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What constitutes civil society? Does it include people that go to the sauna together? Photo cc: Artur Potosi

The drunken marchers believe there is still so much space for civil society to fill that it cannot be exploited effectively.

Another way to understand the difference in these narratives is to think of civil society as a space between government and home where people are free to express themselves. This provides two parameters for assessing the dynamic of civil society - the size of the space (is it changing), and the activities taking place in the space (number and types of people, range of issues being addressed). Both narratives similarly acknowledge a tightening of the space for NGOs, and from there they diverge. The ‘chernaya polosa’ believe there is no space left for civil society, it is one black circle that has been coloured in by Putin. The drunken marchers believe there is still so much space for civil society to fill that it cannot be exploited effectively because the knowledge and skill level of most activists and active citizens is not high enough.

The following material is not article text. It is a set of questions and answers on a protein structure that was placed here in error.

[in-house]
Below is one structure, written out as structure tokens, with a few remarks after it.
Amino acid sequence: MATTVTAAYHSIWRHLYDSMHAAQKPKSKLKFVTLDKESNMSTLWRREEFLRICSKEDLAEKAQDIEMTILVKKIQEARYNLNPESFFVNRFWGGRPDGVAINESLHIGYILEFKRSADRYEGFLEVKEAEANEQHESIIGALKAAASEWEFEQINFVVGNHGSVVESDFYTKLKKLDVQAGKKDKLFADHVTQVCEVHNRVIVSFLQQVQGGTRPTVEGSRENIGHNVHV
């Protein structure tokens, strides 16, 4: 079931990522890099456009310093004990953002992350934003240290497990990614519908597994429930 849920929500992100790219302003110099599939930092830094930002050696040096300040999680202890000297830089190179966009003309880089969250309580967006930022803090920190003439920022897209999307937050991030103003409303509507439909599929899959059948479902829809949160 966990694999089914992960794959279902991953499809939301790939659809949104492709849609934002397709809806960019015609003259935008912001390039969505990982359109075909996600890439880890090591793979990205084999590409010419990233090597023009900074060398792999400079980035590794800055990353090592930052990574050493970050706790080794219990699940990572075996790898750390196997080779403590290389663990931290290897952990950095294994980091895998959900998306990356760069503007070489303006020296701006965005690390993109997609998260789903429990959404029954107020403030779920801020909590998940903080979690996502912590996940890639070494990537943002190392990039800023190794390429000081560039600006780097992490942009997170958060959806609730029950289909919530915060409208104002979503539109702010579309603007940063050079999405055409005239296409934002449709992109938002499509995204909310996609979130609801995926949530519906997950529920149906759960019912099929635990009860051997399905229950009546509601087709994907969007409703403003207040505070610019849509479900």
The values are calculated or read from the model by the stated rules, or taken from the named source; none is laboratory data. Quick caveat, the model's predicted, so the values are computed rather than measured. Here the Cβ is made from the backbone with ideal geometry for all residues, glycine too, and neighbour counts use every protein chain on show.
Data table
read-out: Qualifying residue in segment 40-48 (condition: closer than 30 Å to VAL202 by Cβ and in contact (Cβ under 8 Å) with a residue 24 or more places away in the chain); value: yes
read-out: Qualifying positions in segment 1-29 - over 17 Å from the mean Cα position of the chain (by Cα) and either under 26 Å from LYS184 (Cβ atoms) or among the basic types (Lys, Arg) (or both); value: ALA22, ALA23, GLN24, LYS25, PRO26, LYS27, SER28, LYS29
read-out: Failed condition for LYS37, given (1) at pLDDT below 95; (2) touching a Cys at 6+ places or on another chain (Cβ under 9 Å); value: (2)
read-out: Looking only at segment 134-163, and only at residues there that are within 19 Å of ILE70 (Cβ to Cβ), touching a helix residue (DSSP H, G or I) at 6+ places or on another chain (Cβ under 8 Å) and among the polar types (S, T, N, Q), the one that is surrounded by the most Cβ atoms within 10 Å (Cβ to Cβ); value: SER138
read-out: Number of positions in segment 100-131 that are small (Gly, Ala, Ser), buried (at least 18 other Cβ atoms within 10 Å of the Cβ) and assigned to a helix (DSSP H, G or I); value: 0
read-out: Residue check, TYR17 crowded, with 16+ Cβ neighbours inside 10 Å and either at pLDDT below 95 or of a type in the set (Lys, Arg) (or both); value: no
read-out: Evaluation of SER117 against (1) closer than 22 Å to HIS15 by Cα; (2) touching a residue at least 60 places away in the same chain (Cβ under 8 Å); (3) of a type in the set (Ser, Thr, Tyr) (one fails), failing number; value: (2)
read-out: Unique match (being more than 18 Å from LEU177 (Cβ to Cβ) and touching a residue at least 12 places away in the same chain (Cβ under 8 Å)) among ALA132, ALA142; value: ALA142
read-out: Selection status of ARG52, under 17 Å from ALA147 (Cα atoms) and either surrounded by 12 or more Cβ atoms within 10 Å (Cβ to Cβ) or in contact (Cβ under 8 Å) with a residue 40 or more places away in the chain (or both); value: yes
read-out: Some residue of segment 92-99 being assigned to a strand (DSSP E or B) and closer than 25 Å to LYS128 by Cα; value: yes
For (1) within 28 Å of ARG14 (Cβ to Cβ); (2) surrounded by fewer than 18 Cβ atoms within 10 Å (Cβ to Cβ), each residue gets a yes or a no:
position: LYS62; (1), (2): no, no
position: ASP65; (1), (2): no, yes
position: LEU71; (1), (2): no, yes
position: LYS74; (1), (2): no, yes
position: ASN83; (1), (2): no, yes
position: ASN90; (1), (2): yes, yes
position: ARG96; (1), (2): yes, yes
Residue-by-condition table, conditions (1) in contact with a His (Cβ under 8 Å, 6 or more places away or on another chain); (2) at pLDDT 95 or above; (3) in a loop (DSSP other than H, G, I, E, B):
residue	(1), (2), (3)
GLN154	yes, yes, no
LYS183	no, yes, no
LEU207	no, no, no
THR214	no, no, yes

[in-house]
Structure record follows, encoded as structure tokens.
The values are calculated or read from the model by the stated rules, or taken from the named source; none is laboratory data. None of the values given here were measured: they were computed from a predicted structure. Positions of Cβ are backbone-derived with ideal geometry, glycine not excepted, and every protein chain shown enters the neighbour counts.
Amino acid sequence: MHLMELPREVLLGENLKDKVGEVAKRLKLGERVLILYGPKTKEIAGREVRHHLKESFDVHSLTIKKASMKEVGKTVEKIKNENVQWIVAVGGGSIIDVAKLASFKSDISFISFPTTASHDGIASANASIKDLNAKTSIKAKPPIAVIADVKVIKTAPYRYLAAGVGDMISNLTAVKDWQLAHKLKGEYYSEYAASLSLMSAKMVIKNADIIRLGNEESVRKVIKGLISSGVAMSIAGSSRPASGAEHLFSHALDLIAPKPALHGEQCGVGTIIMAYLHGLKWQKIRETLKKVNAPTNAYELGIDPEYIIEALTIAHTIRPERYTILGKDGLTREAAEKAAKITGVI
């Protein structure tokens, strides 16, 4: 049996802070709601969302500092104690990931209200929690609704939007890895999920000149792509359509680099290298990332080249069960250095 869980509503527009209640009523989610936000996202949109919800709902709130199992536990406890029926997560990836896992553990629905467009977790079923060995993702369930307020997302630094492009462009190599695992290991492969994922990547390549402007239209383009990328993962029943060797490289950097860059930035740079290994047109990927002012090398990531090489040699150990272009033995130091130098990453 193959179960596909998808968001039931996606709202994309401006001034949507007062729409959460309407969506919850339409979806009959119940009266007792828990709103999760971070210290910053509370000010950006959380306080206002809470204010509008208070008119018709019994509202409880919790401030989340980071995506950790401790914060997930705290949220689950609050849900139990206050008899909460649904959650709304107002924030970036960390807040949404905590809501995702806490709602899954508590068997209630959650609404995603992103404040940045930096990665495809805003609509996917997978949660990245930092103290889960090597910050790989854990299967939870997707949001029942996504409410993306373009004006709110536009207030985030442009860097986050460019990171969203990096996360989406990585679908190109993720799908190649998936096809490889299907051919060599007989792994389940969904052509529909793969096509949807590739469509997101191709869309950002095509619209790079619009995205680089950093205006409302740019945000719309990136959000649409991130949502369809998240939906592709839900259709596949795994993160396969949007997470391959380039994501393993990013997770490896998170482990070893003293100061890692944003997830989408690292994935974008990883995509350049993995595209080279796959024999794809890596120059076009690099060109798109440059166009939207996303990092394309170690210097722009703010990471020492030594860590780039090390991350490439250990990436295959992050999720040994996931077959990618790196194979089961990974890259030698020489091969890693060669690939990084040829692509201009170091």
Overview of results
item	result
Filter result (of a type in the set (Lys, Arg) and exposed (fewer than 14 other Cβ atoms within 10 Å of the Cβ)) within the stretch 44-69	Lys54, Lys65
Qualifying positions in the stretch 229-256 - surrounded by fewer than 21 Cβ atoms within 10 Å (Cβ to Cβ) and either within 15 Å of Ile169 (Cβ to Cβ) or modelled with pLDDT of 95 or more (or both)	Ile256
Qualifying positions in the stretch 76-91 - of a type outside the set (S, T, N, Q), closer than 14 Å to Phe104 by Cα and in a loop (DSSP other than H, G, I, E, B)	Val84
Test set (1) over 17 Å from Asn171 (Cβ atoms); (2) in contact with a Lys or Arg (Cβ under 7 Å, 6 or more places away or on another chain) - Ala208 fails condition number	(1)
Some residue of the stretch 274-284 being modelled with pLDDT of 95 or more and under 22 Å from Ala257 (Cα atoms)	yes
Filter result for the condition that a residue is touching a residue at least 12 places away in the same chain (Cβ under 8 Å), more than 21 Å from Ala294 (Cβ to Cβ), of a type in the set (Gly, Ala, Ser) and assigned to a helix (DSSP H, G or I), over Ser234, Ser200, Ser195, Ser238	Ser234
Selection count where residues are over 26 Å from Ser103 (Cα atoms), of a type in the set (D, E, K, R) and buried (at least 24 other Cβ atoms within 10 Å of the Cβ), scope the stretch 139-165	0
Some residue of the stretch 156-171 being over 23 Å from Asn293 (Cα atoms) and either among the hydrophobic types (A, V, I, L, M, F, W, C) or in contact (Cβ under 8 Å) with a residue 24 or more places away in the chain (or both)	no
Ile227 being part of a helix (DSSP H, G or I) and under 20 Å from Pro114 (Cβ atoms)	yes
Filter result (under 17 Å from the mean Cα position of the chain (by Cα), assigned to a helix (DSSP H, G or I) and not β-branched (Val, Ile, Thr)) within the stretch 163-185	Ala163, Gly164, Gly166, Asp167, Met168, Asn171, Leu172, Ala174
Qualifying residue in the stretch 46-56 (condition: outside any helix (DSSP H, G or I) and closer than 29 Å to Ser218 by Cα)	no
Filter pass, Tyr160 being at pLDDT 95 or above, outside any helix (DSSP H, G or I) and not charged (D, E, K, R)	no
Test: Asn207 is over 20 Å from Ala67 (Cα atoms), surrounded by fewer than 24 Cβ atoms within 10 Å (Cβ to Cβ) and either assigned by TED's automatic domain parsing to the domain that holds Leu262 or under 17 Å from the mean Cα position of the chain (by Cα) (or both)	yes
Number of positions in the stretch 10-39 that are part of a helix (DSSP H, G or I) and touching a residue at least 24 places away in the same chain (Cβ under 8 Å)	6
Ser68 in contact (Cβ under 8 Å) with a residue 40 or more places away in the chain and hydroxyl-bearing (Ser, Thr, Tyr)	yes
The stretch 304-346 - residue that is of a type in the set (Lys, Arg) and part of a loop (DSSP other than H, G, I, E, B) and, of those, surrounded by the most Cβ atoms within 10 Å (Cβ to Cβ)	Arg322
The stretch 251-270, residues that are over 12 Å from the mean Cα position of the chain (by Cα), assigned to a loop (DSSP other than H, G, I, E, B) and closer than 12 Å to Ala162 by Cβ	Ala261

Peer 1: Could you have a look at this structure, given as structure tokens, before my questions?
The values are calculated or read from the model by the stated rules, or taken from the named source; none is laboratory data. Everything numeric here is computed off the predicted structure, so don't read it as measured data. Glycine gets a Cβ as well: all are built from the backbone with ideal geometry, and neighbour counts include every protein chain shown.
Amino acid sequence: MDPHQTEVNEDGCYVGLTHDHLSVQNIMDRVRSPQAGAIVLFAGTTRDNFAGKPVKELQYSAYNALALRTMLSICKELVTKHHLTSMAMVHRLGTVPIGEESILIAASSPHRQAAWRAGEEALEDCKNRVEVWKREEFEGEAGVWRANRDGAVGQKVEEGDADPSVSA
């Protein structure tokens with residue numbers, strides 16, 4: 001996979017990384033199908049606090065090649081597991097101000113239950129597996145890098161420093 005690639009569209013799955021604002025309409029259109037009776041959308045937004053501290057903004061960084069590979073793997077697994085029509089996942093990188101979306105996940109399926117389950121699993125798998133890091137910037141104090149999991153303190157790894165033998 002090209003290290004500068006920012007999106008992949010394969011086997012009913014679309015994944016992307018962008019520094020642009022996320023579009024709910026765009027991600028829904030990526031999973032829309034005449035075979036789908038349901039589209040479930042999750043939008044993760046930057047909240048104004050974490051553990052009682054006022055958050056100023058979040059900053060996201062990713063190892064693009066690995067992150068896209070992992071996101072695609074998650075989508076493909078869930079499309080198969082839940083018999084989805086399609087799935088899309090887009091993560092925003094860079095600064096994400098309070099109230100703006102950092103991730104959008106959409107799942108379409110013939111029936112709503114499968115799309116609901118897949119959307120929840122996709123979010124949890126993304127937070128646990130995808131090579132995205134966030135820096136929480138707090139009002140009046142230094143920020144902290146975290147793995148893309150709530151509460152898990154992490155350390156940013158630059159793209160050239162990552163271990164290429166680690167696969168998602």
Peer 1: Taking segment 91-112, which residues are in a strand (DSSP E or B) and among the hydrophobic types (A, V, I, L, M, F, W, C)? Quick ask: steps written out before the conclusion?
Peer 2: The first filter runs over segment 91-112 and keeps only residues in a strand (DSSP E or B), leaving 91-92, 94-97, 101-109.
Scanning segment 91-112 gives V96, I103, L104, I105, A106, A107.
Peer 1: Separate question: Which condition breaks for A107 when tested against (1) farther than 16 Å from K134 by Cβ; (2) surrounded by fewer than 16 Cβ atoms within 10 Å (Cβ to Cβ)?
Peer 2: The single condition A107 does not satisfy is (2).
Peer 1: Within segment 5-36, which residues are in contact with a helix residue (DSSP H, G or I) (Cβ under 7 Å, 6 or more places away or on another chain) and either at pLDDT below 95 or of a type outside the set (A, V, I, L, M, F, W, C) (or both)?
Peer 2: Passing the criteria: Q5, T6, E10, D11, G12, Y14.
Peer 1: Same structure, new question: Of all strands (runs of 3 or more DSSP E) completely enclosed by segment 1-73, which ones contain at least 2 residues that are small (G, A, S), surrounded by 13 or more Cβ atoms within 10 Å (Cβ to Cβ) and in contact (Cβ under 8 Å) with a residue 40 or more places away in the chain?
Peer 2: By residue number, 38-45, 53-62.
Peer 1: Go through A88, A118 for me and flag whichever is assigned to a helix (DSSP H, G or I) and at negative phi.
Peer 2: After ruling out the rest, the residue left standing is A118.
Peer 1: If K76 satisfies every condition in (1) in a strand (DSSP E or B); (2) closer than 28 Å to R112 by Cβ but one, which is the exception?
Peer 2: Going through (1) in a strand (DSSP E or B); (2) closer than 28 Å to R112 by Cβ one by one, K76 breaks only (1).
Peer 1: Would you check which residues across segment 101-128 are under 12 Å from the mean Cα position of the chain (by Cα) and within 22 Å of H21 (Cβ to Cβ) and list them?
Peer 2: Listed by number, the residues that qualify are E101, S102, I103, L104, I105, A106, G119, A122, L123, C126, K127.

Most adherents to both narratives do agree there are more Russian people engaged in a wider range of activities today, and they share the frustration that the numbers are not increasing faster. The real debate, then, is why more people are not active, and who to include as a member of civil society. Does civil society include people that go to the sauna or fish together, as well as members of un-registered neighborhood groups? And what is the best trajectory of civic activism: from civic service provider to civic activist, or vice versa or both? What is clear is that the differences that surfaced are bridgeable because they are not fundamental to either narrative. Yet one big question remains: can an optimum strategy for developing and supporting civil society be identified without a shared understanding of what it is? 

Three Fault Lines